Wednesday, January 11, 2012

Curbing overuse of CT scans

The urban public hospital where I completed most of my training as a medical student had a single CT scanner. To ensure that this precious resource was put to effective use, any physician ordering a non-emergent CT scan was required to personally present the patient's case to the on-call Radiology fellow and explain how the result of the scan would potentially change management. Since my attending surgeons were usually too busy to trudge down to the Radiology suite, they deputized their residents to do so, and most of the time my residents passed this thankless task down to the students. Thus, my classmates and I learned early on the difference between appropriate and inappropriate reasons for ordering CT scans.

Today, the widespread availability of CT scanners has made this sort of explicit rationing uncommon in the U.S. In fact, an editorial published last year in AFP reviewed the accumulating evidence that CT scans are highly overused in current medical practice, which puts patients at unnecessary risk of radiation-induced cancers and detection of incidental findings that can lead to overdiagnosis and overtreatment. Identifying overuse of CT scans often isn't easy, though. And some might argue that increasing use of CT scans may have the positive effect of improving diagnosis of common symptoms, allowing physicians to institute appropriate management of serious conditions more quickly.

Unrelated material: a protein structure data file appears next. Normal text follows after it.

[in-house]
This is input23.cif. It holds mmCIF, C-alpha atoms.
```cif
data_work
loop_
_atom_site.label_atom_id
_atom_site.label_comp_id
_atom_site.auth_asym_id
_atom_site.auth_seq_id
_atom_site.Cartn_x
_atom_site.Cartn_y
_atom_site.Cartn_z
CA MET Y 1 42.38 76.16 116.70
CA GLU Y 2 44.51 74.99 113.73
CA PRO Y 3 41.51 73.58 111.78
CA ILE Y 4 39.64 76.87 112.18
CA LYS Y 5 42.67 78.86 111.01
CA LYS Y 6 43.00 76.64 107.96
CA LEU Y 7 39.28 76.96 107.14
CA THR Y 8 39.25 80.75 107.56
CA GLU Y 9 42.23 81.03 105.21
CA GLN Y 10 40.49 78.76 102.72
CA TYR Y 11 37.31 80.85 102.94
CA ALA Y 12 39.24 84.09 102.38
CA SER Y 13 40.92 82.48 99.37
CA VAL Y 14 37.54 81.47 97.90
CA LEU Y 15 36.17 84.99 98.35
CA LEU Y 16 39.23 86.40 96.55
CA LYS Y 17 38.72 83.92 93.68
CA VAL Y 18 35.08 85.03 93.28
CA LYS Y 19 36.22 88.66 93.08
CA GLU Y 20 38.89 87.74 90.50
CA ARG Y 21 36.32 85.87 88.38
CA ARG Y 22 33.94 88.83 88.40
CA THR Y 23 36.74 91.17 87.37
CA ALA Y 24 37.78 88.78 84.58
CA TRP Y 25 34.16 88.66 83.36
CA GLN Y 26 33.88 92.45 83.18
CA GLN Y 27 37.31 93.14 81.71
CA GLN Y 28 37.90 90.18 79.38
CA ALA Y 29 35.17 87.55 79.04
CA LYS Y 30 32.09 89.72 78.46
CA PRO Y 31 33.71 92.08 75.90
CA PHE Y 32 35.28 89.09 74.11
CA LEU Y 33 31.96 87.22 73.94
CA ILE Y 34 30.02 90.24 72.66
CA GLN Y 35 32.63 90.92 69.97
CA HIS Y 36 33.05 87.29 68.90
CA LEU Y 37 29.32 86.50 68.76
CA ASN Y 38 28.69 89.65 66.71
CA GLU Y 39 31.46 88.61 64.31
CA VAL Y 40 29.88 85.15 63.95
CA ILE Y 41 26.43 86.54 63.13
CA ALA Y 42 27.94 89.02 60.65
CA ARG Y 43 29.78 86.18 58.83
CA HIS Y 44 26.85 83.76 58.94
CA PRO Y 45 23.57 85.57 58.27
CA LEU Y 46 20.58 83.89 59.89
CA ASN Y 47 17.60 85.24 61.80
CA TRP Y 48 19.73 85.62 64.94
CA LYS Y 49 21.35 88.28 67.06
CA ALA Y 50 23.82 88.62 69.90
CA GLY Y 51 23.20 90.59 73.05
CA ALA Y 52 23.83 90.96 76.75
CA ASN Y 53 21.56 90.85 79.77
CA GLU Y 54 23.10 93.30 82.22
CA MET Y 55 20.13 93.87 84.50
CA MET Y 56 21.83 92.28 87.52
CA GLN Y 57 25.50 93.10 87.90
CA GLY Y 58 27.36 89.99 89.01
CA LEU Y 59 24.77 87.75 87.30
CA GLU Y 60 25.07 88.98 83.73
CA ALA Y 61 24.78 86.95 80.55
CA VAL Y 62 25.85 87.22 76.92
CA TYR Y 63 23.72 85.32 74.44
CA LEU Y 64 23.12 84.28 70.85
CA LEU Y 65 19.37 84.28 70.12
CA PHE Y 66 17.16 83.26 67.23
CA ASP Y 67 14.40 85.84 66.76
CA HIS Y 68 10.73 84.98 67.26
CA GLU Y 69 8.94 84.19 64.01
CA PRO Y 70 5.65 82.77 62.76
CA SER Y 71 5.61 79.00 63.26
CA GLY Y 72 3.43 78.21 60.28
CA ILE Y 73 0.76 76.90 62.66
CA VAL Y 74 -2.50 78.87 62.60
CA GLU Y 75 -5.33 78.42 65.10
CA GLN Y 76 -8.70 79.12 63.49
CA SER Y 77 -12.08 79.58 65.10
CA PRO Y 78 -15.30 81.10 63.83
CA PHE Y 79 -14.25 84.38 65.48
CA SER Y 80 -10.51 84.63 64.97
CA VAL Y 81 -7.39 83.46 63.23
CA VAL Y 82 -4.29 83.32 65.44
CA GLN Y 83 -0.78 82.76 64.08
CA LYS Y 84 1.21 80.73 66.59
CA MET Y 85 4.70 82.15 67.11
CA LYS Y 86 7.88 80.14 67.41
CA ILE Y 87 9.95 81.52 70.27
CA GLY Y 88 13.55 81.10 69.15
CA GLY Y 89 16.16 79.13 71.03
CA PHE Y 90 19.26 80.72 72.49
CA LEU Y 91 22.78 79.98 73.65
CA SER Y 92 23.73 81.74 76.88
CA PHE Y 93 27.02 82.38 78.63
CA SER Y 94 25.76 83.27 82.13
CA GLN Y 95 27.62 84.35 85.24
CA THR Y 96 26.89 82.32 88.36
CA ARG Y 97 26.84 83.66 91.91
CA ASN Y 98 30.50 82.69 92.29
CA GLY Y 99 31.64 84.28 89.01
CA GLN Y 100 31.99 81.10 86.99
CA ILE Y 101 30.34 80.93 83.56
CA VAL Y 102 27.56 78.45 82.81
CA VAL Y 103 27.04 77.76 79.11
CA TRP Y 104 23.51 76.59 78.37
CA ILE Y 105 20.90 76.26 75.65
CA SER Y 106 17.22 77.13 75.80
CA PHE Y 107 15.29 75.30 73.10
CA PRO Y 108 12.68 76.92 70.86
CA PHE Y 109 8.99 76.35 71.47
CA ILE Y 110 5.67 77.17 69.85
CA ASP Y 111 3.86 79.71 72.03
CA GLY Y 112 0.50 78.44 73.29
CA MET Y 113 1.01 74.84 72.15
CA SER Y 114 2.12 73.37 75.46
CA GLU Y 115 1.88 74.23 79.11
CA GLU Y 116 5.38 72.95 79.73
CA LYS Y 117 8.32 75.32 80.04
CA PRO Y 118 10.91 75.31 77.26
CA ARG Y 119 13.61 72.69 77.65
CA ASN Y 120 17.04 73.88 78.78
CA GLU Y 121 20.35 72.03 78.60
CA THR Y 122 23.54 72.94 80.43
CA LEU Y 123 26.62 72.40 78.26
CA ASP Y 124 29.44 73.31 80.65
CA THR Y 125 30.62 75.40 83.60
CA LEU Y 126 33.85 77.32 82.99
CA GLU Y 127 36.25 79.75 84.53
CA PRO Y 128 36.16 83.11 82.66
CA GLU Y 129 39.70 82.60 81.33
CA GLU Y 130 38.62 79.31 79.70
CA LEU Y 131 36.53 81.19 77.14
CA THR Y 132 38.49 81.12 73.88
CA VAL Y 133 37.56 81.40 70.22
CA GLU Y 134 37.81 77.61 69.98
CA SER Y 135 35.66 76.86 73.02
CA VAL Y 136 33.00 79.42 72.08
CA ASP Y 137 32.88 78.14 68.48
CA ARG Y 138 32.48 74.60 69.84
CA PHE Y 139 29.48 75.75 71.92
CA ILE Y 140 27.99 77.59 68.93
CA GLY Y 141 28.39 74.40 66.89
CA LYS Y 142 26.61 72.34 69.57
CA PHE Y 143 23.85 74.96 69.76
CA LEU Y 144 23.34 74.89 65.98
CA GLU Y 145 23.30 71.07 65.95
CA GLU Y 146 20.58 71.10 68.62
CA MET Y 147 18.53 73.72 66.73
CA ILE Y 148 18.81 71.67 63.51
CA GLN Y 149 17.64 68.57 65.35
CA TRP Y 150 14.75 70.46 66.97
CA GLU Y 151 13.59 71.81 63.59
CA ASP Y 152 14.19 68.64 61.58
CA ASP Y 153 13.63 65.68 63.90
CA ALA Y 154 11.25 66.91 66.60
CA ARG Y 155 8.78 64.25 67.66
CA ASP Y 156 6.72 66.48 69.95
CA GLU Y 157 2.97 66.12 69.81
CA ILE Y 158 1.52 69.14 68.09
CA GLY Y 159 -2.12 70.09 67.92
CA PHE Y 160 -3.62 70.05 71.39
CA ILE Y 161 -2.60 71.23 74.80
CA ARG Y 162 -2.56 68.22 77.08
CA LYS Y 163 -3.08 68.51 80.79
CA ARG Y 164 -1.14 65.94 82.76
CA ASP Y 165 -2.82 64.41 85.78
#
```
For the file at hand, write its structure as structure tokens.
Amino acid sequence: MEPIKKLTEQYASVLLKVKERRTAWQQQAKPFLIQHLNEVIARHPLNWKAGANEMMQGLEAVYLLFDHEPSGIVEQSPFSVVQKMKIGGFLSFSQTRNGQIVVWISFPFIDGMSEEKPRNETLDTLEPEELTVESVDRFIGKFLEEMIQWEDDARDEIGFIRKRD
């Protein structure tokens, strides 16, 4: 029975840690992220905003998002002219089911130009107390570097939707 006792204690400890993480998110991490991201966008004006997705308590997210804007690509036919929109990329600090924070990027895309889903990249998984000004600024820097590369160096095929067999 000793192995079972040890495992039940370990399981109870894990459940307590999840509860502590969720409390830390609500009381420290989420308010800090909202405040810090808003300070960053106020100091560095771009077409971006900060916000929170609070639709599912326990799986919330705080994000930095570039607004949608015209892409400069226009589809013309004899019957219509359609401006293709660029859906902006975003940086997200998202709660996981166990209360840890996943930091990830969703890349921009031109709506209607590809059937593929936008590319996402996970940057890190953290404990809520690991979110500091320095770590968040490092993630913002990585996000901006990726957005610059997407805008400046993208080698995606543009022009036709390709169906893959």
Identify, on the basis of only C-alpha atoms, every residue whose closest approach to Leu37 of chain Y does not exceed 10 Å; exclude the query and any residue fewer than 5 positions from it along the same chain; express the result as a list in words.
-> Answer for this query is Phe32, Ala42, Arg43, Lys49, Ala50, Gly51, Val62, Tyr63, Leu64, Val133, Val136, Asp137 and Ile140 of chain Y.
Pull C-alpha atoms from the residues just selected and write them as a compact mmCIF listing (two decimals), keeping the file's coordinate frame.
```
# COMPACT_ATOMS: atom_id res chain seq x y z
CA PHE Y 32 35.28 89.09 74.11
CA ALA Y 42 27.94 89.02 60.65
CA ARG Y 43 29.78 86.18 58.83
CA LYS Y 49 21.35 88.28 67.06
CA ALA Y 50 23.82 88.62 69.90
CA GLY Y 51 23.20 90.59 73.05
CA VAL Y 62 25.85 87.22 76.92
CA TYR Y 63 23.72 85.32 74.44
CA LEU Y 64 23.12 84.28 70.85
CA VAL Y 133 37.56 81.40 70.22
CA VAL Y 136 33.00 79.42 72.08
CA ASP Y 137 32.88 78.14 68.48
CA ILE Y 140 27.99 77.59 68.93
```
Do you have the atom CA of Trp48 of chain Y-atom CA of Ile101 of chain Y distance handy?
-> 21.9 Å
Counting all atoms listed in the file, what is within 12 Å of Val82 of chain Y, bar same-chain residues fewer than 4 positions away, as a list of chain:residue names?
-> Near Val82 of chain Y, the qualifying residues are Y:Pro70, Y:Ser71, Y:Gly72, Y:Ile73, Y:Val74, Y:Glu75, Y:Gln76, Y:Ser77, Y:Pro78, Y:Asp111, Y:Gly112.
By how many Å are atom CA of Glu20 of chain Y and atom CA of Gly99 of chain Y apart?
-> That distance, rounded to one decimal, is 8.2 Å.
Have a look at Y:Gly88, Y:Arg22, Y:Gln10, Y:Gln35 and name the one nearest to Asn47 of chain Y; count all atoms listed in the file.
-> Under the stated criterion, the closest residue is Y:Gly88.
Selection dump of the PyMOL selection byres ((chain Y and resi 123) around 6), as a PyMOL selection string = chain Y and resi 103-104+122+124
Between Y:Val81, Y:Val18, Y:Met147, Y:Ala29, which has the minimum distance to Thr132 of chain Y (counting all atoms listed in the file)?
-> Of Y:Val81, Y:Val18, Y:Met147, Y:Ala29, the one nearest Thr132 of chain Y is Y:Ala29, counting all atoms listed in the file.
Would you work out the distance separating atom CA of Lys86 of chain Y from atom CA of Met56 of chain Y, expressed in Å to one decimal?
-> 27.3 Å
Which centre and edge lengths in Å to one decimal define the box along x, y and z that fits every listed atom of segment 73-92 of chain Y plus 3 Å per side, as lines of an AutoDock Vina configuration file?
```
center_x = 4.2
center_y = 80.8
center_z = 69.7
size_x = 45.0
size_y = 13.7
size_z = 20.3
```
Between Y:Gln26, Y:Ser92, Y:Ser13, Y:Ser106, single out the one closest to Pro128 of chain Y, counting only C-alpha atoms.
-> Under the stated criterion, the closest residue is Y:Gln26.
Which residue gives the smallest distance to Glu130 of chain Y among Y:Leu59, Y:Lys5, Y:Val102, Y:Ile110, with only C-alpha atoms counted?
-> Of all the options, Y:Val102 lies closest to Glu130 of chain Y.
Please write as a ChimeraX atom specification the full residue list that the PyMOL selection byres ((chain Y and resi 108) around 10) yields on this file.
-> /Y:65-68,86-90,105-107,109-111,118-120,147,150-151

Family physicians Andrew Coco and David O'Gurek investigated this possibility in a research study published recently in the Journal of the American Board of Family Medicine. They analyzed data on common chest symptom-related emergency department visits from the National Hospital Ambulatory Medical Care Survey from 1997 to 1999 and 2005 to 2007. Unsurprisingly, the proportion of these visits in which a CT scan was performed rose from 2.1% to 11.5% during this time period. However, the proportion of visits that resulted in a clinically significant diagnosis (pulmonary embolism, acute coronary syndrome or MI, heart failure, pneumonia, pleural effusion) actually fell slightly, challenging that notion that increased CT utilization leads to improved detection and treatment of serious health conditions.